These procedures save steps (and time) in the divorce process, but they're limited to couples who can meet certain requirements, such as:
Learn more about the requirements and procedures for uncontested divorce in your state.
The fewer complications you have in your divorce, the easier it will be to work out a settlement agreement. So the best candidates for uncontested divorce are spouses who:
However, an uncontested divorce isn't out of reach just because you have kids or substantial assets—as long as you can communicate well, cooperate, and negotiate all the details. Still, the more complicated your situation is, the more likely it is that you will need some kind of professional help to reach a comprehensive and fair settlement. (More below on where to get that help.)
You probably won't be a good candidate for an uncontested divorce if you and your spouse have a high level of conflict or a major imbalance in power—financial or emotional. This is especially true if you've experienced or are afraid of domestic violence.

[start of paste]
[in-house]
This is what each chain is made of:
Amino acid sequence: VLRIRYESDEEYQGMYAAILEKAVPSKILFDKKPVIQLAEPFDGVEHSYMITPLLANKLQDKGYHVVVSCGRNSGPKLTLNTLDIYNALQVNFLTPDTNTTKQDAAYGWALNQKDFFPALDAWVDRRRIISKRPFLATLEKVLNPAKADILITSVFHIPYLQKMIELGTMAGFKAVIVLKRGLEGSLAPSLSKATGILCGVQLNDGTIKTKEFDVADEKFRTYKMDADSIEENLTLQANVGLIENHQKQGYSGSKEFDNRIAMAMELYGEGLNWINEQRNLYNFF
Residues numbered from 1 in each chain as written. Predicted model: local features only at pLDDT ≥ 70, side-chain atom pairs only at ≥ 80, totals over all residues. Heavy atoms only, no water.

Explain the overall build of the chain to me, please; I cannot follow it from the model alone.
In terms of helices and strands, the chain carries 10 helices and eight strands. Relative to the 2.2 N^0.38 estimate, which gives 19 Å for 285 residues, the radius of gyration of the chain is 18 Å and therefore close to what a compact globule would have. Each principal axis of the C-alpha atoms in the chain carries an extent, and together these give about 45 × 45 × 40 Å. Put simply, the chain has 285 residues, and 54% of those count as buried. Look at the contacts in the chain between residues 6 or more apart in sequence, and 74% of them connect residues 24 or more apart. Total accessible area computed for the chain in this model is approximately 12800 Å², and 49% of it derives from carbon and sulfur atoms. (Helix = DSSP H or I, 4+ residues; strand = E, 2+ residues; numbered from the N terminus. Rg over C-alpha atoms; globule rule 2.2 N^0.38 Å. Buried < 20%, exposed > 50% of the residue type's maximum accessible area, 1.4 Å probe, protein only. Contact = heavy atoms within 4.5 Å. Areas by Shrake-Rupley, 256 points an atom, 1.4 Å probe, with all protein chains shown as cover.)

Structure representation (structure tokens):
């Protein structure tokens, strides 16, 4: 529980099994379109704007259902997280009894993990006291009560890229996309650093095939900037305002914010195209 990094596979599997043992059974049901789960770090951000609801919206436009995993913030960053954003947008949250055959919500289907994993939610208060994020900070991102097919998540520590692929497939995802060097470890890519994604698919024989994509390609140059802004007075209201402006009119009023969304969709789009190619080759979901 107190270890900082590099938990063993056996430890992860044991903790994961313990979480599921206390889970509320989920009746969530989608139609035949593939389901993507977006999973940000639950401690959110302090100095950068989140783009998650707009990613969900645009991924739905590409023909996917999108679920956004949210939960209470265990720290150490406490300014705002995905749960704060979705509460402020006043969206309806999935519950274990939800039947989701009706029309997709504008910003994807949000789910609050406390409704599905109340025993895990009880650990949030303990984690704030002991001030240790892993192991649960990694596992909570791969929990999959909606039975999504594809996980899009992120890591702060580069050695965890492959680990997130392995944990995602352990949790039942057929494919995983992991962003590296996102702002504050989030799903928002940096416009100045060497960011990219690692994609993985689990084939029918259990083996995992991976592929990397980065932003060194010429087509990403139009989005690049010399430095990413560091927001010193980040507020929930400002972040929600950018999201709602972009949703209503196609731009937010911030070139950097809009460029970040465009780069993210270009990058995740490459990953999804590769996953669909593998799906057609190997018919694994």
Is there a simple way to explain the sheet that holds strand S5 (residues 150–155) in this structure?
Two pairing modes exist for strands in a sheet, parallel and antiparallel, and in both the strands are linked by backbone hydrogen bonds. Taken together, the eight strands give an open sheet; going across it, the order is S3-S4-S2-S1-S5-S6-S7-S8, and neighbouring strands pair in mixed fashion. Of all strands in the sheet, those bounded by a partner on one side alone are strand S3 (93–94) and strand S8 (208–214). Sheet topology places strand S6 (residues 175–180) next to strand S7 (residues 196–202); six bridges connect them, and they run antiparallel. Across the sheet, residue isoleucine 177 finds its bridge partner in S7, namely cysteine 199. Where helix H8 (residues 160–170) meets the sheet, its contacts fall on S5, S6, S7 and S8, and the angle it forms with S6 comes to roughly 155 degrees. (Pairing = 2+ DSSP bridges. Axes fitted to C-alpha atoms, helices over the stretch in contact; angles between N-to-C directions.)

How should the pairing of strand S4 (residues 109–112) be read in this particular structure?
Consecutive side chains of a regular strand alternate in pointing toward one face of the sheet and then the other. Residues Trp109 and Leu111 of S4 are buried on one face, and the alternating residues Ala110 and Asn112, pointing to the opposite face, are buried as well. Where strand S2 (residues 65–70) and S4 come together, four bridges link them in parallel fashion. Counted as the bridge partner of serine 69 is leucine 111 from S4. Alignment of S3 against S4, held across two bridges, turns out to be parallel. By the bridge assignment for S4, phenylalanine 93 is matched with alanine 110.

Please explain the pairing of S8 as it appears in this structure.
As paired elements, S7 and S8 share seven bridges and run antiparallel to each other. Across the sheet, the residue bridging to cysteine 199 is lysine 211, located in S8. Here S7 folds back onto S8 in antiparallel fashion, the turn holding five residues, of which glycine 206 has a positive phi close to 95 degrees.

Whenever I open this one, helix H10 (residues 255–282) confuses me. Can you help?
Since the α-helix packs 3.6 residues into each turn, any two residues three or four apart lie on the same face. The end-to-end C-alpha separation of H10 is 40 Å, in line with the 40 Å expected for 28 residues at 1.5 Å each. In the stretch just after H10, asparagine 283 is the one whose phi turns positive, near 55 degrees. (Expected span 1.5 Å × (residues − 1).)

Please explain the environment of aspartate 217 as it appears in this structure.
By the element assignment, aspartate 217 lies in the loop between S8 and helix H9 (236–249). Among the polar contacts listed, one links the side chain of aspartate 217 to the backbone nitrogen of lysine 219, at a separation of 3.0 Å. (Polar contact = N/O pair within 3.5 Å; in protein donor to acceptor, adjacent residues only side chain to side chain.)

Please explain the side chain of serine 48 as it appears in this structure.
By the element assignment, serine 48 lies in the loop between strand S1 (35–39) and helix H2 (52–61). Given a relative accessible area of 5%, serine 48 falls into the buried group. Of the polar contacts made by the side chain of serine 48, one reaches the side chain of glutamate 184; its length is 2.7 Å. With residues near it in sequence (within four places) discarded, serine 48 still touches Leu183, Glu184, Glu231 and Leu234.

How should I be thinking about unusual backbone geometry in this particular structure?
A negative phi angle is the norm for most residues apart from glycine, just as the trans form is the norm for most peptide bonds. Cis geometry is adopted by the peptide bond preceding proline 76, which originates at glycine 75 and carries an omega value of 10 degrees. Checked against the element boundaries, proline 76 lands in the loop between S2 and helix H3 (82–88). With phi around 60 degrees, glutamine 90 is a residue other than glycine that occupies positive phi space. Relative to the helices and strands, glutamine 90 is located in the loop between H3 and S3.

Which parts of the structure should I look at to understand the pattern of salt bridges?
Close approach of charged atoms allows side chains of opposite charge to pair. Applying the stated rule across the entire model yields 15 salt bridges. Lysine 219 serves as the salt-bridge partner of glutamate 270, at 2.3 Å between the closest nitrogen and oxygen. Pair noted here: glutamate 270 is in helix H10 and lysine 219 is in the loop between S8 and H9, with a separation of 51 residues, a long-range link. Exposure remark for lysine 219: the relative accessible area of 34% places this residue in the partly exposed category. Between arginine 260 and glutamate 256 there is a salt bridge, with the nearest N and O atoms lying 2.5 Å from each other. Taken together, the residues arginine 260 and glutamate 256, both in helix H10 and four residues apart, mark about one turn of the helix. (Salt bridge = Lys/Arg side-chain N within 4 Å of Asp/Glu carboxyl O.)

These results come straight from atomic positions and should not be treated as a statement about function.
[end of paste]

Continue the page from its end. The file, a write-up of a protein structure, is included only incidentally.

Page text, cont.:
Even with the help of a mediator, both you and your spouse must be willing to compromise. And you need a relatively level playing field to negotiate a fair settlement agreement. That's not possible if one spouse is abusive, bullying, or simply willing and able to hide assets.
An uncontested divorce is typically a much quicker process than a traditional, contested divorce. After you've filed your initial paperwork, most states have waiting periods before you can get your final divorce—usually about one to three months.